1. Wondering Paul if you are familiar with the report of the Bipartisan Policy Center that provides some thoughtful proposals on moving the regulatory needle safely?

    1. Hi Bernie,
      Thanks for bringing this important document back into the discussion.
      I have only read it once and have been wanting to read it again more recently and write a response.
      I agree with the authors that the FDA regulatory approach to cellular therapies needs some reforms, but we diverge on a number of the specifics. Also the report seem overly optimistic to me, lacking a discussion of some sizable risks of the proposed reduced FDA regulation. For instance, what would be the reaction of the mushrooming for-profit stem cell clinic industry in the US to reduced regulation with their hodgepodge of methods, devices, and unapproved products?
      Still I’m hopeful that collectively we all can chart a constructive path forward. Stay tuned for a post with more details on my reaction to the report.

  2. @ Jenninger Ziegler
    “We’ve NEVER promoted “clinics.” I’m surprised after interacting with you over the past 4 years, that’s what you think we do!

    “What PFSC does promote is the right to share information so a patient can make an educated decision with family/doctors on where to seek adult stem cell therapy…”

    You say tomato…

  3. SOme for-profit stem cell clinic world make money…. And you John are defending multi billon industry to play with our health and own stem cell. There are lot of Doctors doing ASC treatment with VERY GOOD RESULTS… my friend after spine cord lesion, now is walking again… one day procedure using adipose derived stem cells everything done in one day….

  4. Mary Ann Chirba,, J.D., D.Sc., M.P.H.

    Anyone interested in attending the April 13 hearing must obtain the FDA’s permission to do so, and the request period closed in early January. See below for info on submitting written comments to the FDA – the deadline is April 29, 2016.

    Also, the speakers listed (thank you Paul!) for the April 13 hearing will address a host of concerns, many of which have little if anything to do with the potential risks and benefits of accelerating approval of emerging and unproven HCTP therapies. Many speakers are not anti-FDA. To the contrary, they simply want the FDA to do what it is supposed to do and are concerned that these drafts contravene that purpose. The 4 draft guidances (re: minimal manipulation, homologous use, adipose tissue and same surgical procedure exception to § 351) individually and collectively employ key terms that, as a matter of basic biology, are inaccurate or at least incomplete. These foundational problems risk casting even well-established treatments onto a regulatory pathway that does not fit the product or treatment being regulated. If lack-of-fit renders a pathway incapable of performing the basic risk benefit-calculus necessary to protect patients, then patients can lose access to existing safe and effective treatments. So, more than acceleration is on the table; regulatory regression is now a problem, too.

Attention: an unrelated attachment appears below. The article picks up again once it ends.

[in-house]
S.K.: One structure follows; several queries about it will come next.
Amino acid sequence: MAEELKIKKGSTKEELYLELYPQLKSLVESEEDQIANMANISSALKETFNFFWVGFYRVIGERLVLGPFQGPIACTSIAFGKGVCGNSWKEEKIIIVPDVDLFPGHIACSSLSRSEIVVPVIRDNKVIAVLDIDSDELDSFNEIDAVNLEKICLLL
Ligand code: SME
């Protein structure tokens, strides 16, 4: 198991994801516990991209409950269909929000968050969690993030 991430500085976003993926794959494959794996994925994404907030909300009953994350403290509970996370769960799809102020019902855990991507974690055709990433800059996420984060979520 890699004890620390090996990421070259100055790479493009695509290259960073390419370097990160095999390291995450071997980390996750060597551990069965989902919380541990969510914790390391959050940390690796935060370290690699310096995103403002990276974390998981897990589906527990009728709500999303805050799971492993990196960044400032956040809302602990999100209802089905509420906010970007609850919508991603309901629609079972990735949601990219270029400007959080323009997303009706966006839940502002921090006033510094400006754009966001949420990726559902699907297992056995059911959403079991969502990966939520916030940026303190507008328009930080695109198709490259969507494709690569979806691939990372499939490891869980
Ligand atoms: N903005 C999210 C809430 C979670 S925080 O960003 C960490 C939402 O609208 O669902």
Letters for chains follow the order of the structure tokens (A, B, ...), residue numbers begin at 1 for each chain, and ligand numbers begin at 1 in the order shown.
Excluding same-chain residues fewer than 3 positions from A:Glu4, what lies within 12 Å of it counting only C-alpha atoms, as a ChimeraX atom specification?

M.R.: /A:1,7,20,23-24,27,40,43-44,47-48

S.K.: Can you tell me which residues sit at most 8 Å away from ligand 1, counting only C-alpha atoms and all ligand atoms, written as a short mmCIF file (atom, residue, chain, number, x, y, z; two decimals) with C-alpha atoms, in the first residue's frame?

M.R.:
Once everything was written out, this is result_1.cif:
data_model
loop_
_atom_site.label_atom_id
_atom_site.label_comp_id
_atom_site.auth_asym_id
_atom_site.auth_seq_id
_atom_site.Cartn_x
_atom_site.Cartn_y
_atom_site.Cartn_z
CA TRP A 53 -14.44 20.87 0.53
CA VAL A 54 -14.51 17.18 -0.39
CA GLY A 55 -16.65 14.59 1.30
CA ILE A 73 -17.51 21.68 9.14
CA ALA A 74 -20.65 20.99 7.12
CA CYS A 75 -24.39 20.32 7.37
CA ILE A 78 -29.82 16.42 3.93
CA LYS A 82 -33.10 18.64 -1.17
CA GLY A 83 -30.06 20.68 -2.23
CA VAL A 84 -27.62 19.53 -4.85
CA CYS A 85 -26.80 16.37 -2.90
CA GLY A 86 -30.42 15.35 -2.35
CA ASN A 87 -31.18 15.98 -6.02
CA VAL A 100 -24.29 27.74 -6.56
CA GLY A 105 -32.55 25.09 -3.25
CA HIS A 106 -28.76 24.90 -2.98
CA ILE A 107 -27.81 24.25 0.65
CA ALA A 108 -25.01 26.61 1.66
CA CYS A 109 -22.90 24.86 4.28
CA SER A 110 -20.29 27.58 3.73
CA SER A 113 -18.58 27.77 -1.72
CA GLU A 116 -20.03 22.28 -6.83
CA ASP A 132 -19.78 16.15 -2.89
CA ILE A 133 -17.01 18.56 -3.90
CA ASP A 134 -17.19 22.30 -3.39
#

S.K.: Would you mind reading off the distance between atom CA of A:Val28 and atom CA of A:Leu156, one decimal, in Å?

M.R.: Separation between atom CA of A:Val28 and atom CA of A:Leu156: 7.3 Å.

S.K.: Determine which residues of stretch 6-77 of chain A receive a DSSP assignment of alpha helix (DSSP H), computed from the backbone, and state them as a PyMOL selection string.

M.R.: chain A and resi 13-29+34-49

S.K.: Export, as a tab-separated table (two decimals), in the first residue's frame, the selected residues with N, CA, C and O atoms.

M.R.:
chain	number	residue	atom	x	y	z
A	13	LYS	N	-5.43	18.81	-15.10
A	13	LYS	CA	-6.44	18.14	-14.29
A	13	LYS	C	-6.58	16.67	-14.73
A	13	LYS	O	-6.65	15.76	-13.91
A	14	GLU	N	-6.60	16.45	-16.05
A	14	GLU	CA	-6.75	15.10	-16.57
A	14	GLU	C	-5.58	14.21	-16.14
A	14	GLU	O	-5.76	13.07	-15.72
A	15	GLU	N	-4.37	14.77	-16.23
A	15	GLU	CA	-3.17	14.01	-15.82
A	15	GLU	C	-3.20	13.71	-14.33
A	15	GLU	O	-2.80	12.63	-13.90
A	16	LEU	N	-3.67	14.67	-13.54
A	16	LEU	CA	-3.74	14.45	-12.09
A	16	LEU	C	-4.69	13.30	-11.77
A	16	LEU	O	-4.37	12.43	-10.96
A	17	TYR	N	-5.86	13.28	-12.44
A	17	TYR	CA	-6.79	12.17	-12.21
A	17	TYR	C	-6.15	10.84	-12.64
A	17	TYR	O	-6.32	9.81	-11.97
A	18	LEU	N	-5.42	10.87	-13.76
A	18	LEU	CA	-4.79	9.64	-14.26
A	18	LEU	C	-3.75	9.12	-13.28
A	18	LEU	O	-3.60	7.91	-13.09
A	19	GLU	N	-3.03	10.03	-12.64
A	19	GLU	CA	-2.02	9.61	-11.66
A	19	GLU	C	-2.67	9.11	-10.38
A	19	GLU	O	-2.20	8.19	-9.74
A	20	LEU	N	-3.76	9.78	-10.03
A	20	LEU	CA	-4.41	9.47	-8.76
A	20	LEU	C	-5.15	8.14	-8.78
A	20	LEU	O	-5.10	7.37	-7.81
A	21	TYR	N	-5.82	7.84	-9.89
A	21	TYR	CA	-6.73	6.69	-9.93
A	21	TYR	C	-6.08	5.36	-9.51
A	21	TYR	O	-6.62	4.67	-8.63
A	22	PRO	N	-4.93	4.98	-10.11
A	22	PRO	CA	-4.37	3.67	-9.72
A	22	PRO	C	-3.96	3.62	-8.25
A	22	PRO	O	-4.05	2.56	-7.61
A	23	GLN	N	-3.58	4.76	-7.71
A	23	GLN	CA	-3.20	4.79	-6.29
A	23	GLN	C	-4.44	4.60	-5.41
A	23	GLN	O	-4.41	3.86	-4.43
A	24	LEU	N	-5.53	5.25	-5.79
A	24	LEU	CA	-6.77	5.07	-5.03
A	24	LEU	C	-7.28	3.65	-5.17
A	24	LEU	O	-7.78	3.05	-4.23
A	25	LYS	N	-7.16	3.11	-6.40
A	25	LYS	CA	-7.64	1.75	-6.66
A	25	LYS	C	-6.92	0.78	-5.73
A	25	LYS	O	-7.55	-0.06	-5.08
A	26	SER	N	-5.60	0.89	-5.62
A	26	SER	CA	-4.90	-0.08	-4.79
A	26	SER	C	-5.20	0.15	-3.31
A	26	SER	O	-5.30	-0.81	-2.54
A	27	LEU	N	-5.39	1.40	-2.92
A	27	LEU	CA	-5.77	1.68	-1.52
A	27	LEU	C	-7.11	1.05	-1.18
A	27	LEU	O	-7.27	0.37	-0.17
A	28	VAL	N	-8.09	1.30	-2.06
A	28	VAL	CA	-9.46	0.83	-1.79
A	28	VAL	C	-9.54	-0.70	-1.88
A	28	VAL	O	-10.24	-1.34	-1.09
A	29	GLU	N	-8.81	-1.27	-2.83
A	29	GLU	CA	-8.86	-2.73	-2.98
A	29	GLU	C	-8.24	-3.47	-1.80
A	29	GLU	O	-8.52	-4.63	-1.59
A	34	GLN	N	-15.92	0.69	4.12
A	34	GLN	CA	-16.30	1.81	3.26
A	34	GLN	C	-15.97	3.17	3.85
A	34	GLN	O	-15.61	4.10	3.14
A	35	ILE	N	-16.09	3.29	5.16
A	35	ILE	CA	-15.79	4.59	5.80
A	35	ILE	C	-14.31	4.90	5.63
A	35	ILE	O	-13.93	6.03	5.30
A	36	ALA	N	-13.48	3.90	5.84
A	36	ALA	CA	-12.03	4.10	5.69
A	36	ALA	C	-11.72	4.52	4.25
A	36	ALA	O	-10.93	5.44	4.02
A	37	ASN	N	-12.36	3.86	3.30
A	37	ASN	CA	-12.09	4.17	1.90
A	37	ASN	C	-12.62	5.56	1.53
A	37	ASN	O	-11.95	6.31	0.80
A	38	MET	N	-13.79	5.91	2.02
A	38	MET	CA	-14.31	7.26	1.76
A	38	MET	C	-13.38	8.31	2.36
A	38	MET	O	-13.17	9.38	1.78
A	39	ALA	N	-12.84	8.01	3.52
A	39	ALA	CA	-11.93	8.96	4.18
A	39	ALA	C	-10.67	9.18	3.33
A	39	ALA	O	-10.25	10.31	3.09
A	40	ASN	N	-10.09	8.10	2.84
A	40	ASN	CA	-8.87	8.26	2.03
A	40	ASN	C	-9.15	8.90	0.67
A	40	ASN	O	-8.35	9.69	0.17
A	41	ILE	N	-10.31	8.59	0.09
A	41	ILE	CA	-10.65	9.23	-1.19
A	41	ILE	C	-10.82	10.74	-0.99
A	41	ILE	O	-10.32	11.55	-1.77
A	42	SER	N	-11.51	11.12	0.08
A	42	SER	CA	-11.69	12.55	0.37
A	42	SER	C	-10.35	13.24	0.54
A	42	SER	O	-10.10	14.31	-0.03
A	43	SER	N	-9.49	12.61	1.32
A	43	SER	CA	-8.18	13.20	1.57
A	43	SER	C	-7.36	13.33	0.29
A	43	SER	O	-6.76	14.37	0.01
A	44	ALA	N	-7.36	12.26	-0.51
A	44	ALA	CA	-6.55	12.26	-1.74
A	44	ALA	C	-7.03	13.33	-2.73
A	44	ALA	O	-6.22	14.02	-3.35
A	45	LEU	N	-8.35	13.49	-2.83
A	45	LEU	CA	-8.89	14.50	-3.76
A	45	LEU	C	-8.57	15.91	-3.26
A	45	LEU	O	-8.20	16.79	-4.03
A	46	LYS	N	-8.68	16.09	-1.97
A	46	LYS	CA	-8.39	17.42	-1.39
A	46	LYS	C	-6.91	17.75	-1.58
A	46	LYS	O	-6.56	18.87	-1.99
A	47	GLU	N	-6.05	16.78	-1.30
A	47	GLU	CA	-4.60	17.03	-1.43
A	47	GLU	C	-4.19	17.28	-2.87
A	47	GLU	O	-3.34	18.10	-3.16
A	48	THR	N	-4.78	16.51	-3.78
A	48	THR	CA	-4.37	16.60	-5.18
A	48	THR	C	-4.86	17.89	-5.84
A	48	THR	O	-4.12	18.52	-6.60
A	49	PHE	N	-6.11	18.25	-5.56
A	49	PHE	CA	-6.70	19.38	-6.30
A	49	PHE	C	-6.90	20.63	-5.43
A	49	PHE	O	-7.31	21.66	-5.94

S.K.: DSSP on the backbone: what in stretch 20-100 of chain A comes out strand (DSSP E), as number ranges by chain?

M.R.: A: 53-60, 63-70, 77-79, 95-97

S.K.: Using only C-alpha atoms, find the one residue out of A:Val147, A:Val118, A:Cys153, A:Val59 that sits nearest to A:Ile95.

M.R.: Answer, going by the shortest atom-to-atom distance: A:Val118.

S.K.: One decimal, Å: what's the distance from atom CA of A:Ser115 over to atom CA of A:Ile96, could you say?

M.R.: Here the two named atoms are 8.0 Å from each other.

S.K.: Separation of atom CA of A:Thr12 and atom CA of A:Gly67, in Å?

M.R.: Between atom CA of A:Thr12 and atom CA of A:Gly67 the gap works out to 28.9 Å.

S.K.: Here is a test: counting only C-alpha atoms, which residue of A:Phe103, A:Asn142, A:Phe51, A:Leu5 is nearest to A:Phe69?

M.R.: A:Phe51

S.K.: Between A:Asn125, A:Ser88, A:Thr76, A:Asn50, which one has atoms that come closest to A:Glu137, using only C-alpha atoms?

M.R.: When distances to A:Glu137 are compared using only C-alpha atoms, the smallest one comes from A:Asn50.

This lack of regulatory fit is akin to insisting that all plumbing problems be referred to the fire department. There is definitely a problem with the plumbing and no one denies that. There is definitely a need for an appropriate response, too, and at least most people would agree. The fire department is excellent at responding appropriately to certain problems, but it cannot – or at least should not – handle plumbing problems of any magnitude. Conversely, however excellent a plumber might be, he or she should not be the one evaluating whether my smoke and carbon monoxide detectors are safe and effective. There is an obvious lack of fit between the problem and the response. Who would ever accept this? But that is what these draft guidances risk doing at least for certain situations. Thus, the FDA’s April 13 hearing is about much more than reasons to accelerate or de-regulate; it is about making sure that the regulations do what they are supposed to do – and therefore do what all patients need and deserve them to do.